Last month, the progressive Jewish group IfNotNow officially became a tax-exempt organization legally permitted to lobby politicians. Since then, IfNotNow activists have been confronting Democratic candidates on the campaign trail and asking them about the occupation of Palestine.
Elizabeth Warren: On July 8, Massachusetts Senator Elizabeth Warren was questioned by a pair of activists at a town hall event in New Hampshire. University of Michigan student Becca Lubow told her, ““Hi, we’re American Jews, we really love the way you are fighting corruption. We’d really love it if you’d also pushed the Israeli government to end occupation.”
“Yes. So I’m there!,” Warren responded. Her campaign has released no further details on how she plans to end the occupation.
Pete Buttigieg: On July 12, the South Bend Mayor Pete Buttigieg was also approached in New Hampshire. “All my life, politicians have talked about a two-state solution for Israel, but don’t address the ongoing military occupation,” Erin Sandler told him, “Yes or no, are you willing to condemn the occupation?” Buttigieg responded:
The occupation has to end. (Applause) And again, the militarization..even people from, you know, even associated with the Israeli right have to confront..like Sharon [former Israeli Prime Minister Ariel Sharon] towards the end of his life recognized that this state of affairs is unsustainable. The pathway to peace has to include Israelis and Palestinians living side by side with self determination. And that is the right answer for our own security interest in a stable Middle East as well as for an Israeli future that is Jewish and democratic. And for the future of the Palestinian people. There is, I think, frankly a healthier discussion happening among the American Jewish community today than there has been in some time and frankly a healthier discussion in the American Jewish community than there is in the American Congress right now. What we are starting to see is the awareness in the same way that you can be pro-America without that meaning you’ve got to support our president, you can care about Israel’s future and believe in the U.S. relationship and alliance with Israel without being on board with right-wing policies by the Netanyahu government which is now walking away from peace in a way that I think will harm the Israeli people, the Palestinian people, and in the long run the American people. So, I believe as the most important ally that Israel has, we need to do what you do when you have a friend who’s doing something you think is harmful. Put your arm around your friend and try to guide them into a better place. (Applause)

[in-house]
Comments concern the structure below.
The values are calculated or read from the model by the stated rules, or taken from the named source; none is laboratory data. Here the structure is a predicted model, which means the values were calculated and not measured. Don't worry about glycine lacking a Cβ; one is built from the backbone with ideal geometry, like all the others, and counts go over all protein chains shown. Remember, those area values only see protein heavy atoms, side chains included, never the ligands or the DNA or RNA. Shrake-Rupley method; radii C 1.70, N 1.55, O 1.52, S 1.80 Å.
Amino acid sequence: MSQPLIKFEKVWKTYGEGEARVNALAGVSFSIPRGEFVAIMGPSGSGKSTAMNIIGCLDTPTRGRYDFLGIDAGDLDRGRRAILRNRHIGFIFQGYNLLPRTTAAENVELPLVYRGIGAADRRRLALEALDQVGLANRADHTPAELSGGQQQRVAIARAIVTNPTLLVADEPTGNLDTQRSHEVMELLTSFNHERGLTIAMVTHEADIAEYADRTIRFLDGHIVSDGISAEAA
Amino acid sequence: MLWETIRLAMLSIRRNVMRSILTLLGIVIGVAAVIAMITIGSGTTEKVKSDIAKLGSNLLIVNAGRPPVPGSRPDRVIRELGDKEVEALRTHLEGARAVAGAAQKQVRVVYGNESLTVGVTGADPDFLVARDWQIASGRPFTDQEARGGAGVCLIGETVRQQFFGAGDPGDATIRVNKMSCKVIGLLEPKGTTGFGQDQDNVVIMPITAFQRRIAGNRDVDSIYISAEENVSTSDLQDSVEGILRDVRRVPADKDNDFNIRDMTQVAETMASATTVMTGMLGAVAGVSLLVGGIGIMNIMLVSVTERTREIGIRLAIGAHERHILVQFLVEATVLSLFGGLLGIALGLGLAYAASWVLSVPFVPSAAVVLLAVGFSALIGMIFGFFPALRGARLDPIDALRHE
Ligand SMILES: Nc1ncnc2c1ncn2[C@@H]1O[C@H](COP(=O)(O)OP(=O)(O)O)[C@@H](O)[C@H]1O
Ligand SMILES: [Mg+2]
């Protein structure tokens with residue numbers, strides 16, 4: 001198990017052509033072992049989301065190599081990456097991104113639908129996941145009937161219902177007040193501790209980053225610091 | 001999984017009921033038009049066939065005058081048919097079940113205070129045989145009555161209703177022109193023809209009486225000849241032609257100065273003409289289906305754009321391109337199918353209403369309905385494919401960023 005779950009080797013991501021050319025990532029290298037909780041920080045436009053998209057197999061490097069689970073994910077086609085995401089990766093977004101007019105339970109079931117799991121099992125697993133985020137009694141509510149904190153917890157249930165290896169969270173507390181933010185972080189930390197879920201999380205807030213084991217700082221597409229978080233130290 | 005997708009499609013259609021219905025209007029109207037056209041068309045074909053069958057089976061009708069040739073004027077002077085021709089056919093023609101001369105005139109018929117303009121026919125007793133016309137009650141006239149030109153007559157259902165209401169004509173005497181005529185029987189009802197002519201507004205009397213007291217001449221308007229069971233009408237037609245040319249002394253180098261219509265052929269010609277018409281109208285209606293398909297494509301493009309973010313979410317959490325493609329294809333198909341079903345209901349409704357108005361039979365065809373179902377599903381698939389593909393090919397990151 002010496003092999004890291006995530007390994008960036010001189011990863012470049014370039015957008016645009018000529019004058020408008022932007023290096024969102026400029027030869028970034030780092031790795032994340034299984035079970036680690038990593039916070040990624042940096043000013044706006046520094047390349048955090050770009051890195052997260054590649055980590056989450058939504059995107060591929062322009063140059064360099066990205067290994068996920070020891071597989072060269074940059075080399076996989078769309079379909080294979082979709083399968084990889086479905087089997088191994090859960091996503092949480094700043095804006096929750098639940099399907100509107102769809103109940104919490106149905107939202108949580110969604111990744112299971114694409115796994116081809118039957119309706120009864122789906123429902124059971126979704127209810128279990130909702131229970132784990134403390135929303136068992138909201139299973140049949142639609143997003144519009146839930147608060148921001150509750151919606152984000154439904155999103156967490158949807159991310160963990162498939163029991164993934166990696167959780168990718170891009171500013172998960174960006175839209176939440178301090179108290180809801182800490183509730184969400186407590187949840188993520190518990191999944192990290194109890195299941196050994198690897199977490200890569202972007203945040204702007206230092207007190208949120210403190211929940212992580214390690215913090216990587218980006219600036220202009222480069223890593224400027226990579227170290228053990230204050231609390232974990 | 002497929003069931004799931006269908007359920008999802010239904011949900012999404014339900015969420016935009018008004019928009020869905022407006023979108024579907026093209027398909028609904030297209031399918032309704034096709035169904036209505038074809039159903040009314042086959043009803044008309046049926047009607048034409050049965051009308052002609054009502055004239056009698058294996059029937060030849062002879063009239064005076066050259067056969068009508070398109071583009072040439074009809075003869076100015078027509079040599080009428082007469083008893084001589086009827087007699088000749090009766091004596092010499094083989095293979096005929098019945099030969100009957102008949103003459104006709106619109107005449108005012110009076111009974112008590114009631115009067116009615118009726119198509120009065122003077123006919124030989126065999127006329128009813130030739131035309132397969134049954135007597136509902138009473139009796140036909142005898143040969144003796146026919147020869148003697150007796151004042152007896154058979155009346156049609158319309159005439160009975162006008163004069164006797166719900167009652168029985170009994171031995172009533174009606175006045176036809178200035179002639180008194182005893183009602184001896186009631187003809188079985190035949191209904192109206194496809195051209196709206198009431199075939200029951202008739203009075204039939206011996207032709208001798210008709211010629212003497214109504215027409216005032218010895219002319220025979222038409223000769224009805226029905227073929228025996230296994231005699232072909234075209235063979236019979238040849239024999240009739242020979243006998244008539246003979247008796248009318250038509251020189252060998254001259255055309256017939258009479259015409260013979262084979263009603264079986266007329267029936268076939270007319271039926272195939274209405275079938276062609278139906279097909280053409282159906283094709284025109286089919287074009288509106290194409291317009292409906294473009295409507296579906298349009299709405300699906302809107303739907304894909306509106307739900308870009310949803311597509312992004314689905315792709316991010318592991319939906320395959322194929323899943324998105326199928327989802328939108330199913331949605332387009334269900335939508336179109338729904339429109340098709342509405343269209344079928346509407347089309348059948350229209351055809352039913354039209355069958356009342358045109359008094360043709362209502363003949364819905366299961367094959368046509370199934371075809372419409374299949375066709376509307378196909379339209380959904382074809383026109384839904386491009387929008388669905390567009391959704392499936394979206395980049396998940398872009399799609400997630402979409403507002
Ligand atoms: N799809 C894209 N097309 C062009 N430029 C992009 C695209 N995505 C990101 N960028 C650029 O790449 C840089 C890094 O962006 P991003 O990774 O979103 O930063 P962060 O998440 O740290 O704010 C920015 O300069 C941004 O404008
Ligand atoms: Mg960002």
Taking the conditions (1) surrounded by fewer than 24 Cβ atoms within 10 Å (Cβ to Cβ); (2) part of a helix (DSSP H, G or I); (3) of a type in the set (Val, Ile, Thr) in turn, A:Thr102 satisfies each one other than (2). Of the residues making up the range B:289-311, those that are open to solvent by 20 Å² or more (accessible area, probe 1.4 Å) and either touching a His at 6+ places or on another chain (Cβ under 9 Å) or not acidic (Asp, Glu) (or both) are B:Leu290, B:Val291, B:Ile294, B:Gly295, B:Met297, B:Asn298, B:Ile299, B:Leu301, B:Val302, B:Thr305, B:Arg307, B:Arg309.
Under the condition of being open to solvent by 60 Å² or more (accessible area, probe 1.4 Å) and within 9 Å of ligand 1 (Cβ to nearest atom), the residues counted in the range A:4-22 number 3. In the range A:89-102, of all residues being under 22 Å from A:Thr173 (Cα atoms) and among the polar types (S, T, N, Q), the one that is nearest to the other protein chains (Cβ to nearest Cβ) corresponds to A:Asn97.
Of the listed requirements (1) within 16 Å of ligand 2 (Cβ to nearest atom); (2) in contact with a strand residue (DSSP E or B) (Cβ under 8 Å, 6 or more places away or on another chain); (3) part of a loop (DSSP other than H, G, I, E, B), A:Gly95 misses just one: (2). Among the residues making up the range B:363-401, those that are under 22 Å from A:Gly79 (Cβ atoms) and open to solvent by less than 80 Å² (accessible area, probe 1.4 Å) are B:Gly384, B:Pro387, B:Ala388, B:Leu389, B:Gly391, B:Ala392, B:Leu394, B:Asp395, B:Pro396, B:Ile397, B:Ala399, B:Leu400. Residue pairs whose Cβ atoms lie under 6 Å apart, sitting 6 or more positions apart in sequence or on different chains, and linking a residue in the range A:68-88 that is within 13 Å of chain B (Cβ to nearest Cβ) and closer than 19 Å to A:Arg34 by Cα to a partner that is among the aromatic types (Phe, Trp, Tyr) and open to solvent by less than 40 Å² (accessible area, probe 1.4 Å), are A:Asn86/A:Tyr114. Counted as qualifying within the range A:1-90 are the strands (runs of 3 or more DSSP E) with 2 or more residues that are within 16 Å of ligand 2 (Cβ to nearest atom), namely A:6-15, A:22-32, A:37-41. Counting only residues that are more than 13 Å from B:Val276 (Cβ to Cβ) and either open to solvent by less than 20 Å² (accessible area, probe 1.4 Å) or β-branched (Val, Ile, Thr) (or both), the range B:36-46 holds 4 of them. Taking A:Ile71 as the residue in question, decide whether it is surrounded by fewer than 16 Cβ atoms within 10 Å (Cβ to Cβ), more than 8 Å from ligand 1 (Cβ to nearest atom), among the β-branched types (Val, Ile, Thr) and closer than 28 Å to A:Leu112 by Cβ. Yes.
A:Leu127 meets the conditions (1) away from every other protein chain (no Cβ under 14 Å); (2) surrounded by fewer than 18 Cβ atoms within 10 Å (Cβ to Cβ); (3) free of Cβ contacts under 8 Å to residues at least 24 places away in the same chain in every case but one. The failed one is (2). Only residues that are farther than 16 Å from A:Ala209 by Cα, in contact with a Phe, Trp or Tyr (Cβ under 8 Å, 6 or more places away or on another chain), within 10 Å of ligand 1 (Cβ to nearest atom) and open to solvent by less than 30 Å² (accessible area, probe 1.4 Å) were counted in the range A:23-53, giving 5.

“The Occupation has to end” — @PeteButtigieg
An important step for both Mayor Pete & the Democratic party. It’s clear that this is the baseline position for 2020 candidates on Israel: acknowledge Israel’s military Occupation as the reality on the ground and call for it to end. pic.twitter.com/h8hqs8dOtn
— IfNotNow🔥 (@IfNotNowOrg) July 12, 2019
Joe Biden: That same day former Vice President Joe Biden was asked about the occupation by IfNotNow fellow Elias Newman:
Newman: Hi Joe, my name is Elias.
Biden: Elias, I don’t care what your name is. I don’t have time to answer an essay question. Walk out here with me.
Newman: Ok, I’ll be short. I’ll be short. Okay, so Joe I’m an American Jew who is very concerned about what Netanyahu’s government is doing to Palestinians currently.
Biden: There’s no answer but a two-state solution.
Newman: I’m wondering if you think the occupation is a human rights crisis and if you’ll pressure Israel when you’re president.
Biden: The answer is, I think the settlements are unnecessary, number one….So, here’s the deal…the only answer is a two-state solution, number one. Number two, the Palestinians have to step up to be prepared to stop the hate. So, it’s a two-way street.
Newman: Do you believe that occupation is a human rights crisis, Joe?
Biden: I think occupation is a real problem, a significant problem.
Newman: Will you pressure Israel to end the occupation?
Biden: The answer is…you know anything about my record?
Newman: Of course.
Biden: You know I have.
.@JoeBiden just said 'The Occupation is a real problem' and we're happy to hear it: this is a baseline position every 2020 candidate needs to take. But when we asked @JoeBiden if he'd pressure Israel to end the Occupation, he deflected to his record. pic.twitter.com/1AIQ7Ubl3g